An immersive YA novel about teens attempting to survive increasingly extreme scenarios.


Klaassen (The Frog Prince, 2017, etc.) tells the story of a troubled teenager forced to survive after a natural disaster in this YA novel.

Sixteen-year-old delinquent Bodie McCann is on an excursion to explore a cave system as part of his community-service sentence for driving under the influence. He’s accompanied by a judge, a fireman, a couple of policemen, and four other troubled teens; the judge’s idea, according to Bodie, is to “take a bunch of guys out in the woods and let them experience nature—to open their eyes to the world and to encourage each of them to turn his life around before it was too late.” The group is deep underground when things go horribly wrong: an earthquake shakes the cave, killing all the adults and leaving the teens to find their own way out alive. Bodie—who isn’t quite as nihilistic as he wants people to think—is an experienced camper, and his survival skills turn out to be a tremendous boon for the group. But on their way back to civilization, the boys confront all manner of obstacles, from aftershocks and forest fires to animal attacks and armed outlaws. To survive, Bodie will also need to negotiate the tenuous dynamic between himself and his peers, who may not have his best interests at heart. The novel unfolds smoothly thanks to Klaassen’s direct, accessible prose, which adeptly captures the story’s action sequences: “Boys and men shouted as more bits of rock tumbled onto them. Wavering beams of light revealed a cloud of dust. A massive column wobbled and snapped at the narrow midpoint.” A few aspects of the novel seem rough or outdated, such as distracting mentions of characters’ skin color and a few slang terms, such as “butthead.” But the violent, eventful plot is compelling and quite unlike other titles in the contemporary YA market. It’s a sort of Deliverance for younger readers, and those who find that idea appealing will likely enjoy this often brutal book.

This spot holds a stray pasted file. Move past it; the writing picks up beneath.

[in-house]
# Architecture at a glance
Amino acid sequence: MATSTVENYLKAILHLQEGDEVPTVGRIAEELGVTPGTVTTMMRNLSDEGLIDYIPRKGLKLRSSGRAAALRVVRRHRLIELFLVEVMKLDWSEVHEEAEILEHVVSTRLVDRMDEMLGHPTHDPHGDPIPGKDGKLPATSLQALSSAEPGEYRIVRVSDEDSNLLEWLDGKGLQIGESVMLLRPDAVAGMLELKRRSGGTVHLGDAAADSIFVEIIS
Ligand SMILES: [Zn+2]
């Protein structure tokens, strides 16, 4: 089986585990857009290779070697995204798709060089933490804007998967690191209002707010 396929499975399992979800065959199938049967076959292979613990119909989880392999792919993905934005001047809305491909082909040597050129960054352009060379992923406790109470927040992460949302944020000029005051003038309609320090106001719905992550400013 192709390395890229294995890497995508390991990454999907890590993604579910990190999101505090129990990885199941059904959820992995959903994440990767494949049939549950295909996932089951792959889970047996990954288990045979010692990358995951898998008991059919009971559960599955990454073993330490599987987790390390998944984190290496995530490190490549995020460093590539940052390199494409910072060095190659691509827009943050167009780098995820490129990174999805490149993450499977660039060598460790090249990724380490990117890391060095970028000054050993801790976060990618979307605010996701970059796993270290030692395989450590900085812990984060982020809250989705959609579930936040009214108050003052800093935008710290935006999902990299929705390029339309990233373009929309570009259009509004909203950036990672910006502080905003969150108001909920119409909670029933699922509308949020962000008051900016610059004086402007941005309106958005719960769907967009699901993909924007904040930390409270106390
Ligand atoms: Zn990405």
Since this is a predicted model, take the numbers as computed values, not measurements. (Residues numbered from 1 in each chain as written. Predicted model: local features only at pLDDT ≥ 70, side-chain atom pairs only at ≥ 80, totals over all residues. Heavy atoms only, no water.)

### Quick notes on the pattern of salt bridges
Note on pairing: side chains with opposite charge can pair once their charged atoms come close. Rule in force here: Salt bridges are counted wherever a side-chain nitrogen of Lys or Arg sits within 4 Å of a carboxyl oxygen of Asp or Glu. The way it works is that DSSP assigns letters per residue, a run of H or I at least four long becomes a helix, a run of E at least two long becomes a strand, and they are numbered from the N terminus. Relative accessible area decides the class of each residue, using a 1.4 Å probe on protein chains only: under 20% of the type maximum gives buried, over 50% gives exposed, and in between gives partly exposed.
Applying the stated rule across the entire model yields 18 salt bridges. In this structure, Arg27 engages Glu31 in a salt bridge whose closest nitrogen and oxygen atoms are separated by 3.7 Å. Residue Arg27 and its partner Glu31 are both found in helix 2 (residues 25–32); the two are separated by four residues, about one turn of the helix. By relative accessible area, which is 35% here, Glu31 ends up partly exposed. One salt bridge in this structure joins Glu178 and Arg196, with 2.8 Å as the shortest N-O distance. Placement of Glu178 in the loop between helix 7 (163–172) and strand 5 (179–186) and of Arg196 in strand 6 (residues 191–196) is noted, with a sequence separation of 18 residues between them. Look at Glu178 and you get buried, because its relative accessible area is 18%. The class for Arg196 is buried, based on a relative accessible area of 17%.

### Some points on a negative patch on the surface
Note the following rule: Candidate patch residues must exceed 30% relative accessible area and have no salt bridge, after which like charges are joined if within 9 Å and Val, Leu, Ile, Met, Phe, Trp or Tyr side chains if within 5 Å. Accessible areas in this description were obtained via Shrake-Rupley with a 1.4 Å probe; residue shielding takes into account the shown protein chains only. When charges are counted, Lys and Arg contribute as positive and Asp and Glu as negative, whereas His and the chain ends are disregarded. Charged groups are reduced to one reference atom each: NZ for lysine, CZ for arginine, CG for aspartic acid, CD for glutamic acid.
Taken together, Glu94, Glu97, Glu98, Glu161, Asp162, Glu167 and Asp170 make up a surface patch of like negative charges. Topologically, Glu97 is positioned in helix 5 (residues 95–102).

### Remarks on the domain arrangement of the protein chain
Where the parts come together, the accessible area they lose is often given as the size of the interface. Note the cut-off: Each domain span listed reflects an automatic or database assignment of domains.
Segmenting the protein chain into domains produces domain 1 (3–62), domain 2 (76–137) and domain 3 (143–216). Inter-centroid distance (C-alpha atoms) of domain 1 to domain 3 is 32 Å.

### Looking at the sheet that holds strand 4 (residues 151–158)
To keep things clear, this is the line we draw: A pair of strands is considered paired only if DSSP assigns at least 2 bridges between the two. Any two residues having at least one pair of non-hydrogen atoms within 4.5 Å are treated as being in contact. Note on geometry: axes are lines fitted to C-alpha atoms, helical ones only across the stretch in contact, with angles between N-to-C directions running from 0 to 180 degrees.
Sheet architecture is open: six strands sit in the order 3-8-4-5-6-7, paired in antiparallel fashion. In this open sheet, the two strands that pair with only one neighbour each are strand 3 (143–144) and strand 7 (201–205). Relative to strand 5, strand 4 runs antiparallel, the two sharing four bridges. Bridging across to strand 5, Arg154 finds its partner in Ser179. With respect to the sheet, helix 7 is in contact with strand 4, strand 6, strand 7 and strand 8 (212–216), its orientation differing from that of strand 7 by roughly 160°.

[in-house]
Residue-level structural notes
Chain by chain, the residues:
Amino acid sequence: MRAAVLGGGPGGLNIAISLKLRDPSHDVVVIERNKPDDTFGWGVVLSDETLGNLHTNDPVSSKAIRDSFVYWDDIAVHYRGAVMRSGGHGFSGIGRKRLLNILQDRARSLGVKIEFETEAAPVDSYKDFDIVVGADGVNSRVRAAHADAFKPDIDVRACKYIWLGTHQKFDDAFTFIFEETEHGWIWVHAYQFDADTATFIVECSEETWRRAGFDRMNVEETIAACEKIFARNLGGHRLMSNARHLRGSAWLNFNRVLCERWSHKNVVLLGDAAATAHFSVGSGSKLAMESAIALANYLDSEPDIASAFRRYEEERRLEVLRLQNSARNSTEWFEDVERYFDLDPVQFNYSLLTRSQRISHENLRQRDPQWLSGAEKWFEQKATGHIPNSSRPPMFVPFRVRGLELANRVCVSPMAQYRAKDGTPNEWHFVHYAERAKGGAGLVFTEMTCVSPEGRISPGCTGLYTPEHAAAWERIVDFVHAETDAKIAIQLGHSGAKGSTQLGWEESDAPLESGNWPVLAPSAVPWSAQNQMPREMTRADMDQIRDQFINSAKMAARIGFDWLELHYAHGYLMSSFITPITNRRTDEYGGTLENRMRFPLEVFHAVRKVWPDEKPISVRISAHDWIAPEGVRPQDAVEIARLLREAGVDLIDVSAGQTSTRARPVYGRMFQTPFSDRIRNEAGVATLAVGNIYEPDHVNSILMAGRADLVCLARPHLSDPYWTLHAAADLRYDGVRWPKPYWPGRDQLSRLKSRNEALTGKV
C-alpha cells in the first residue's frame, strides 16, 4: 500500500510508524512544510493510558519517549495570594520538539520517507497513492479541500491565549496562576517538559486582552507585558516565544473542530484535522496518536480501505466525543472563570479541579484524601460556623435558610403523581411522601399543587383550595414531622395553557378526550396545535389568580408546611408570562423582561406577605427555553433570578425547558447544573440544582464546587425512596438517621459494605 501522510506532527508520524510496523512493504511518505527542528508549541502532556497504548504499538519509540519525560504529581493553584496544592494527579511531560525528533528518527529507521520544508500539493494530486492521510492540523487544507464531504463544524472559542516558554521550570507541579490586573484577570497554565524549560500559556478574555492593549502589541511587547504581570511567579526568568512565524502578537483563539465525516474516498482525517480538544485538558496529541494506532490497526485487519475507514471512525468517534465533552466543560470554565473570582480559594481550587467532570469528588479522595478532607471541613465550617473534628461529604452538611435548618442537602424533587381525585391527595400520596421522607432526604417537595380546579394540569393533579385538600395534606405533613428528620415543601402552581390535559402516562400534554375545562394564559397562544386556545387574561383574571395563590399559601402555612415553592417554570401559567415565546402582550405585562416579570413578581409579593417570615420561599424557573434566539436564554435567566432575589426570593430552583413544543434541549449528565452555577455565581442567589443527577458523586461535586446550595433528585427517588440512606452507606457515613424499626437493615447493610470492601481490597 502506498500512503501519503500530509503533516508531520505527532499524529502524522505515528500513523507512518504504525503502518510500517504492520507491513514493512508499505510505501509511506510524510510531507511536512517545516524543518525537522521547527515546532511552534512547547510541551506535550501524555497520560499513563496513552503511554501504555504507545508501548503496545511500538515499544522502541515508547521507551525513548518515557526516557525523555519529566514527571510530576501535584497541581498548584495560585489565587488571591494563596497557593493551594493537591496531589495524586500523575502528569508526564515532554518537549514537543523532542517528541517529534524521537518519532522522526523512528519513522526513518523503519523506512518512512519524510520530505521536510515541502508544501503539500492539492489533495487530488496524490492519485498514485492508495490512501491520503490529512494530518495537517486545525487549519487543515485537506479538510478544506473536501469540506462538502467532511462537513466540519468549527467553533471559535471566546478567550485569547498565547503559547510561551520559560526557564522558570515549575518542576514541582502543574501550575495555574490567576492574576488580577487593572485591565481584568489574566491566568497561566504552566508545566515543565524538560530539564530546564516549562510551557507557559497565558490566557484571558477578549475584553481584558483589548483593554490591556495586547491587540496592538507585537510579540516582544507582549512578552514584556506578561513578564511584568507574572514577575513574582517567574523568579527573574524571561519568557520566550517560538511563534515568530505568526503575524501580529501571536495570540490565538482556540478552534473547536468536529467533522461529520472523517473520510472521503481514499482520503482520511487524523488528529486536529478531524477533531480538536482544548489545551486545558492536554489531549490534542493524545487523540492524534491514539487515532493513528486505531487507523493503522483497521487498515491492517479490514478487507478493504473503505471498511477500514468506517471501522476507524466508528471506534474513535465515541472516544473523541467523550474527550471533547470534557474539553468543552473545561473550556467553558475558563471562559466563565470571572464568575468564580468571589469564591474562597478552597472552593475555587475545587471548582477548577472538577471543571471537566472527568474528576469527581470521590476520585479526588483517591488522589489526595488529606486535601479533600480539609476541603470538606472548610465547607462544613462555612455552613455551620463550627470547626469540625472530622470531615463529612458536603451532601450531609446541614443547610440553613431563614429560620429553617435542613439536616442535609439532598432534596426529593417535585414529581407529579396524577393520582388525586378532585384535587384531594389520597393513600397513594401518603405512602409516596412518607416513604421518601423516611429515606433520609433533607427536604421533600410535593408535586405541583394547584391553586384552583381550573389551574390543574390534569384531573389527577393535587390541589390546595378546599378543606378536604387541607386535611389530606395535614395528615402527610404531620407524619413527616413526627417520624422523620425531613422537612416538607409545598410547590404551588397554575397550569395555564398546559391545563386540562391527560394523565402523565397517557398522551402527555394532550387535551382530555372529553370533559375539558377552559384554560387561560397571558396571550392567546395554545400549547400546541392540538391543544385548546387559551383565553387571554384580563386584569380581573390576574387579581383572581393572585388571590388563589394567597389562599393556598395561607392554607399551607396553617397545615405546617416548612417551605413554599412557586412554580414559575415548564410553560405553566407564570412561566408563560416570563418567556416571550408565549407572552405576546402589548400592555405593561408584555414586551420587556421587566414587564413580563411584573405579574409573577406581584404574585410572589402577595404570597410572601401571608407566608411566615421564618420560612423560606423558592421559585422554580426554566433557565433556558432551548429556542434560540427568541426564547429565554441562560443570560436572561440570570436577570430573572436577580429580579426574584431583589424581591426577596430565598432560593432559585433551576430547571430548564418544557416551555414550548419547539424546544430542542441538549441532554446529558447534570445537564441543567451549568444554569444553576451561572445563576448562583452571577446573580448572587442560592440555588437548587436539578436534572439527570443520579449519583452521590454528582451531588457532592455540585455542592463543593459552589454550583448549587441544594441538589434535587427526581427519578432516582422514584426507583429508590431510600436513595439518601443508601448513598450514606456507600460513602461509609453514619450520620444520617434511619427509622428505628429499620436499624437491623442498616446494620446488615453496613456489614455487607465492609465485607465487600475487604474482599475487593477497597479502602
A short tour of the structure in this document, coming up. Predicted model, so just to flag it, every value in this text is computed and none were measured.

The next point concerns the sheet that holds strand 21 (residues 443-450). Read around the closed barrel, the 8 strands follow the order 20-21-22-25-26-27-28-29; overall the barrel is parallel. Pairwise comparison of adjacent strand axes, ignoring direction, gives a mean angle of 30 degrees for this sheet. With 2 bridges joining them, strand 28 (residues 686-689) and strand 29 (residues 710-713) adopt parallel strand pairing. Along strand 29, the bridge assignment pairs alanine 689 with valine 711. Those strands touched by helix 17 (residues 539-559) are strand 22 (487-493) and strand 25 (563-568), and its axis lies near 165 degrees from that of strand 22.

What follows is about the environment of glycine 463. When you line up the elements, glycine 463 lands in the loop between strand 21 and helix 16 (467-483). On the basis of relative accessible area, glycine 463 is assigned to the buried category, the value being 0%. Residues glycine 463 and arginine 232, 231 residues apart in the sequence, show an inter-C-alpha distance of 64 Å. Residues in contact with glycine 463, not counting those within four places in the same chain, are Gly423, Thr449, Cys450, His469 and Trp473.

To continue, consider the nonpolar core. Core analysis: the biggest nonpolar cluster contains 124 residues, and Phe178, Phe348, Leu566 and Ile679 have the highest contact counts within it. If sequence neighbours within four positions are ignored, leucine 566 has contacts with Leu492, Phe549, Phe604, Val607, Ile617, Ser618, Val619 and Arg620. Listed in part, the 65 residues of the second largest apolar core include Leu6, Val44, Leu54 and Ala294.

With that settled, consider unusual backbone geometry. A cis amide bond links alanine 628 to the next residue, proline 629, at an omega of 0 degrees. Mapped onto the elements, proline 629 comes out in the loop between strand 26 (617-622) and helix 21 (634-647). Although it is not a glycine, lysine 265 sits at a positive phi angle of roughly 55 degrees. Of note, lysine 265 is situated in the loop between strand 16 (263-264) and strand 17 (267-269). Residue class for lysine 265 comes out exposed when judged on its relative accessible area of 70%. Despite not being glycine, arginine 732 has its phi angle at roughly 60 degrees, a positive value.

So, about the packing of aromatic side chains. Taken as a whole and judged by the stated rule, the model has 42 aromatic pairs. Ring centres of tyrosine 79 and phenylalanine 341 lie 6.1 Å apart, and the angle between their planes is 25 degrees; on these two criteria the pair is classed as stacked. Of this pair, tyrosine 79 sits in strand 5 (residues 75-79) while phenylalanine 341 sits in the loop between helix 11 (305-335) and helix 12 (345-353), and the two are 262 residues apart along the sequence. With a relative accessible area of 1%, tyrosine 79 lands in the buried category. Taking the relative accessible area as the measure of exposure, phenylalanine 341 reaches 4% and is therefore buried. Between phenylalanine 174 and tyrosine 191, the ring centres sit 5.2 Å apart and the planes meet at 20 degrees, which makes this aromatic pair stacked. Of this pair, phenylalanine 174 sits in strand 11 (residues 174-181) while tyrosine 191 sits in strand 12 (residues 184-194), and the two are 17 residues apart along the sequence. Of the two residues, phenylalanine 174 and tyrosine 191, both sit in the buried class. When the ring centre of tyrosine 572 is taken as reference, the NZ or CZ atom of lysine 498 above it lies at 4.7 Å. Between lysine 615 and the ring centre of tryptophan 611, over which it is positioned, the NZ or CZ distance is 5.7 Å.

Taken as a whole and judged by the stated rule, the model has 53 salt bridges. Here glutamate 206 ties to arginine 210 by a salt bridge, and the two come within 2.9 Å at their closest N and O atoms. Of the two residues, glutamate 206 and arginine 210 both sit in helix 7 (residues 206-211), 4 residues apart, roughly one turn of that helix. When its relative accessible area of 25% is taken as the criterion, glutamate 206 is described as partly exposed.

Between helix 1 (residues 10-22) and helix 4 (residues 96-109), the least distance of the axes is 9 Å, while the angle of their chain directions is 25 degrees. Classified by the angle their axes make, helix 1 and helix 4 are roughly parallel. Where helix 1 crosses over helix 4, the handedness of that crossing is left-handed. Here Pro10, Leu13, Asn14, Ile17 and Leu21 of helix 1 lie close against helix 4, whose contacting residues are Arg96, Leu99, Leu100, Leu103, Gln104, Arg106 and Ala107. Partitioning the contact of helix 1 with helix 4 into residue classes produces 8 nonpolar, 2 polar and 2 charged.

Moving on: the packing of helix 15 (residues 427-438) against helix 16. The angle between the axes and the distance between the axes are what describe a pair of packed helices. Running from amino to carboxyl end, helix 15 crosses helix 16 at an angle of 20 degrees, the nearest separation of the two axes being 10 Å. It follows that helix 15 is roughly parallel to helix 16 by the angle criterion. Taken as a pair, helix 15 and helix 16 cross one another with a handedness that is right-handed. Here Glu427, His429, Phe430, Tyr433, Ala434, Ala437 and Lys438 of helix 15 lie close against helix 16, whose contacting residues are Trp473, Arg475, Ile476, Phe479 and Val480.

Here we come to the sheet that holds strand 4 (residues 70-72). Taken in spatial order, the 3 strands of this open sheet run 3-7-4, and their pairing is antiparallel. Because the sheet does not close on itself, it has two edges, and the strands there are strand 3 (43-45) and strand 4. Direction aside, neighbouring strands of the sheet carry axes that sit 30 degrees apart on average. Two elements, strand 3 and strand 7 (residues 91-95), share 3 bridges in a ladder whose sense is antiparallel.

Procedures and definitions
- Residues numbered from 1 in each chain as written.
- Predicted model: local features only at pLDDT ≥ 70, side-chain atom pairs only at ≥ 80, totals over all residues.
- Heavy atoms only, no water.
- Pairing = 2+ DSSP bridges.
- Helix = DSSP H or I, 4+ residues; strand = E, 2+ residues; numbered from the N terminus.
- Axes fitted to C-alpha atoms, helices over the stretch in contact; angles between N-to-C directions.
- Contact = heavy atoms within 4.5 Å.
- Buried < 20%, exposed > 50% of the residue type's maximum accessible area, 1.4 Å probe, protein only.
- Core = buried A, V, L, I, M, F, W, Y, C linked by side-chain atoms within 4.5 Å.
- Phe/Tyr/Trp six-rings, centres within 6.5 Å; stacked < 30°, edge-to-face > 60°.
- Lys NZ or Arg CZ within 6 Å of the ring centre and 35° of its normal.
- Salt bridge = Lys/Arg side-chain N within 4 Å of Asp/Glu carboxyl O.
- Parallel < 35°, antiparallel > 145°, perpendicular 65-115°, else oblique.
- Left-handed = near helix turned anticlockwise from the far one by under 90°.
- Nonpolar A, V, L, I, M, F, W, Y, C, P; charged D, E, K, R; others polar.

An immersive YA novel about teens attempting to survive increasingly extreme scenarios. 

Pub Date: June 8, 2017

ISBN: 978-1-4835-9928-1

Page Count: 208

Publisher: AbbottPress

Review Posted Online: May 19, 2017

Did you like this book?

No Comments Yet


While a few weeks ago it seemed as if Praeger would have a two month lead over Dutton in their presentation of this Soviet best seller, both the "authorized" edition (Dutton's) and the "unauthorized" (Praeger's) will appear almost simultaneously. There has been considerable advance attention on what appears to be as much of a publishing cause celebre here as the original appearance of the book in Russia. Without entering into the scrimmage, or dismissing it as a plague on both your houses, we will limit ourselves to a few facts. Royalties from the "unauthorized" edition will go to the International Rescue Committee; Dutton with their contracted edition is adhering to copyright conventions. The Praeger edition has two translators and one of them is the translator of Doctor Zhivago Dutton's translator, Ralph Parker, has been stigmatized by Praeger as "an apologist for the Soviet regime". To the untutored eye, the Dutton translation seems a little more literary, the Praeger perhaps closer to the rather primitive style of the original. The book itself is an account of one day in the three thousand six hundred and fifty three days of the sentence to be served by a carpenter, Ivan Denisovich Shukhov. (Solzhenitsyn was a political prisoner.) From the unrelenting cold without, to the conditions within, from the bathhouse to the latrine to the cells where survival for more than two weeks is impossible, this records the hopeless facts of existence as faced by thousands who went on "living like this, with your eyes on the ground". The Dutton edition has an excellent introduction providing an orientation on the political background to its appearance in Russia by Marvin Kalb. All involved in its publication (translators, introducers, etc.) claim for it great "artistic" values which we cannot share, although there is no question of its importance as a political and human document and as significant and tangible evidence of the de-Stalinization program.